Bombing Syria: What would my children do?


We’ve been watching the Hunt on the BBC. It’s wildlife documentary making at its best: Attenborough narrating, fantastic filming, beasts killing other beasts in order to survive.

The boys love it.

It’s been interesting to watch them as they come to terms with some of their favourite animals being brutally killed. I’ve noticed, for example, the less and animal looks like us, the less they care if it dies.

They still do care, though. But they understand.

They understand that in order to survive, sometimes things get killed.

The Hunt is about killing to eat, not killing to defend, protect or attack. Still, it’s been a good way to open up conversations around is it ever right to burst in and hurt others?

We’ve chatted about ensuring our children survive. We’ve chatted about killing one of many in order to sustain a family. We’ve discussed how most animals only kill what they need to kill; but not humans.

We’ve then moved on to wondering why humans seem to fight far more readily than many other animals.

As the Hunt has shown us, such is the energy required to attack, animals only do it if they are incredibly sure that they will win. Even then, many only make the kill about one time out of eight attempts.

But obviously, we think, we are different to animals. More clever. The risks we can take can be more calculated. More thoughtful. More compassionate. We have better weapons.

To try to understand how humans differ from other animals, we move from tales of the wild to tales of the playground: my kids know they should not fight. They should not hurt. They should work to diffuse situations and if the can’t do that they should tell a responsible adult.

They are not allowed to get what they want by using violence. Even hateful words are not permitted.

They also, though, know that if they are backed into a corner and someone is hurting them that I will support them 110% if they need to hurt back. If they truly see there is no other way out than a sharp kick to the shin, that’s fine with me.

Given how we have raised them, and what they have worked out for themselves, if we do decide to bomb Syria I wonder how I will explain that to the kids.

Perhaps they will just assume that we have considered how many strikes such as this end in failure.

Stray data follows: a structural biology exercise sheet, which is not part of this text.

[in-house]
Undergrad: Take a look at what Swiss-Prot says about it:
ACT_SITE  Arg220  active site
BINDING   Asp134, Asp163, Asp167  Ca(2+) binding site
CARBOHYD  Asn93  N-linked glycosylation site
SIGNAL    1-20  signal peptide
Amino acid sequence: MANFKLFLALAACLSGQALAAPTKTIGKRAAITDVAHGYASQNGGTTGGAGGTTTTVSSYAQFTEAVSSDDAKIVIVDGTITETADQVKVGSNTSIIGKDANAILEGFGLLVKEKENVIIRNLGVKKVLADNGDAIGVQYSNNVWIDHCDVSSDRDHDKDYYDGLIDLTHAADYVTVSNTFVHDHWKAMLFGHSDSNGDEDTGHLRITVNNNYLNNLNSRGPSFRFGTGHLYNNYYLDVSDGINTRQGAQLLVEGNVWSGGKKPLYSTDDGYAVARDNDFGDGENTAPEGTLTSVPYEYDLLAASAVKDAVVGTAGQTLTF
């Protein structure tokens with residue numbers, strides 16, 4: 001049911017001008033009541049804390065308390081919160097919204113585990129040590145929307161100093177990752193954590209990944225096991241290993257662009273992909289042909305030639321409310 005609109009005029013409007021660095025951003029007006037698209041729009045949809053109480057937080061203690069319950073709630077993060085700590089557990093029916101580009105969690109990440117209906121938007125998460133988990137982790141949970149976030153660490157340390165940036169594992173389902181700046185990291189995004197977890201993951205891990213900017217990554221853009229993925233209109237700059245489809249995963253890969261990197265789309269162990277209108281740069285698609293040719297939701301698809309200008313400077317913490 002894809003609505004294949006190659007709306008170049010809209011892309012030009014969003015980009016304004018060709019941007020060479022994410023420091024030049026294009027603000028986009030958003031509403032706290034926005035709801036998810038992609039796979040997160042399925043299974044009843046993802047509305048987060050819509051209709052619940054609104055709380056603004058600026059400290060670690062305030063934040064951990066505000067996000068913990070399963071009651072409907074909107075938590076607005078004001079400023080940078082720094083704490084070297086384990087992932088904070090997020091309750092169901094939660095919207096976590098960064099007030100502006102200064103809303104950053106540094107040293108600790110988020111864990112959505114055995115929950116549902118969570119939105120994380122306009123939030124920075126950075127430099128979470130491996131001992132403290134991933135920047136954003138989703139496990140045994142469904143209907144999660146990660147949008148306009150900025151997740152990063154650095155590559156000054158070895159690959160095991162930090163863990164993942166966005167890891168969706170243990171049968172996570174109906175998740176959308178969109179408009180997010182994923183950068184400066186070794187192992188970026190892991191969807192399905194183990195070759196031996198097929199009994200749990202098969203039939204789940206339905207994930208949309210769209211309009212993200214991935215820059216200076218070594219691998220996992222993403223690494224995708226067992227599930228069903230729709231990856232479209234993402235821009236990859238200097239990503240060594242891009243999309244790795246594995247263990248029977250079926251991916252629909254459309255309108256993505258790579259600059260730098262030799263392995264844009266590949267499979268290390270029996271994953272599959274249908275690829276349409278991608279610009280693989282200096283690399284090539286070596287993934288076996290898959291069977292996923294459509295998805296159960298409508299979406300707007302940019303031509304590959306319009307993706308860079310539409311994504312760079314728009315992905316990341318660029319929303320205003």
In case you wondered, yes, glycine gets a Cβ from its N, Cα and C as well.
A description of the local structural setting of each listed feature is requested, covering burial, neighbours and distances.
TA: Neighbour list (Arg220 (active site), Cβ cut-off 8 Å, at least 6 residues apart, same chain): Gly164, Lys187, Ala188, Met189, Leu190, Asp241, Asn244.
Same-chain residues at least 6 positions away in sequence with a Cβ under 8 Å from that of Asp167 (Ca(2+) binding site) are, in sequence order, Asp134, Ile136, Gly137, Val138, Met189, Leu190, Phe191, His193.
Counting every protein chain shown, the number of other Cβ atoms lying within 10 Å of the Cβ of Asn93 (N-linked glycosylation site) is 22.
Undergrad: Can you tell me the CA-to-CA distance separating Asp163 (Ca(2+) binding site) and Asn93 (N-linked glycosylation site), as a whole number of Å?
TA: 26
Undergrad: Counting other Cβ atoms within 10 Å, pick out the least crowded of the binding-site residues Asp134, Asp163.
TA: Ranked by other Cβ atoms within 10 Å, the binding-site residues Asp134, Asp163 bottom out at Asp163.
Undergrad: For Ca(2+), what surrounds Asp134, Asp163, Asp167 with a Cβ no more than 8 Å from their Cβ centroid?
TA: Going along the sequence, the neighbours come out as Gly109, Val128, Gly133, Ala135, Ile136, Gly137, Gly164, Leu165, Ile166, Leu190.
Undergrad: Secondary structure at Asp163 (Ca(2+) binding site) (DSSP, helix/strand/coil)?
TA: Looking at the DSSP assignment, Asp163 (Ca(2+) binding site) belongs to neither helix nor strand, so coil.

Maybe they will suppose we are doing this because we know it will guarantee their future safety.

It could be that they will believe we are doing it because we are backed in to a corner and have absolutely no other options available to us.

Problem is, I think their assumptions give us too much credit.

The kids understand that in order to survive, sometimes we kill. But all things considered, is now the right time for us to strike?

I’m pretty sure I know what my kids would think.







4 thoughts on “Bombing Syria: What would my children do?

  1. Clare Flourish says:

    Michael Rosen’s tweet was misleading. The thought of him arguing for war drove me eagerly to his blog. Michael Rosen seriously advocating war would certainly cause me to think.

    I wonder if Mr Cameron actually intends to radicalise young British Muslims? It would justify more surveillance, more powers for security services, less freedom; it would create more fear, and so more votes for the Right wing;

    surely not?


    • Abby Boid says:

      Ha – good points as ever Clare! I watched a lot of the debate today. I found the ‘we must help out our mates’ argument surprisingly (and worryingly) compelling. It’s so easy to be taken along with a skilled orator…..frightening really.

      Liked by 1 person

    • Abby Boid says:

      Thank you Ross. If you like her sort of thing, check our P4C (philosophy for children) lots of resources out there that I am sure you could put to great use in a homeschooling environment .


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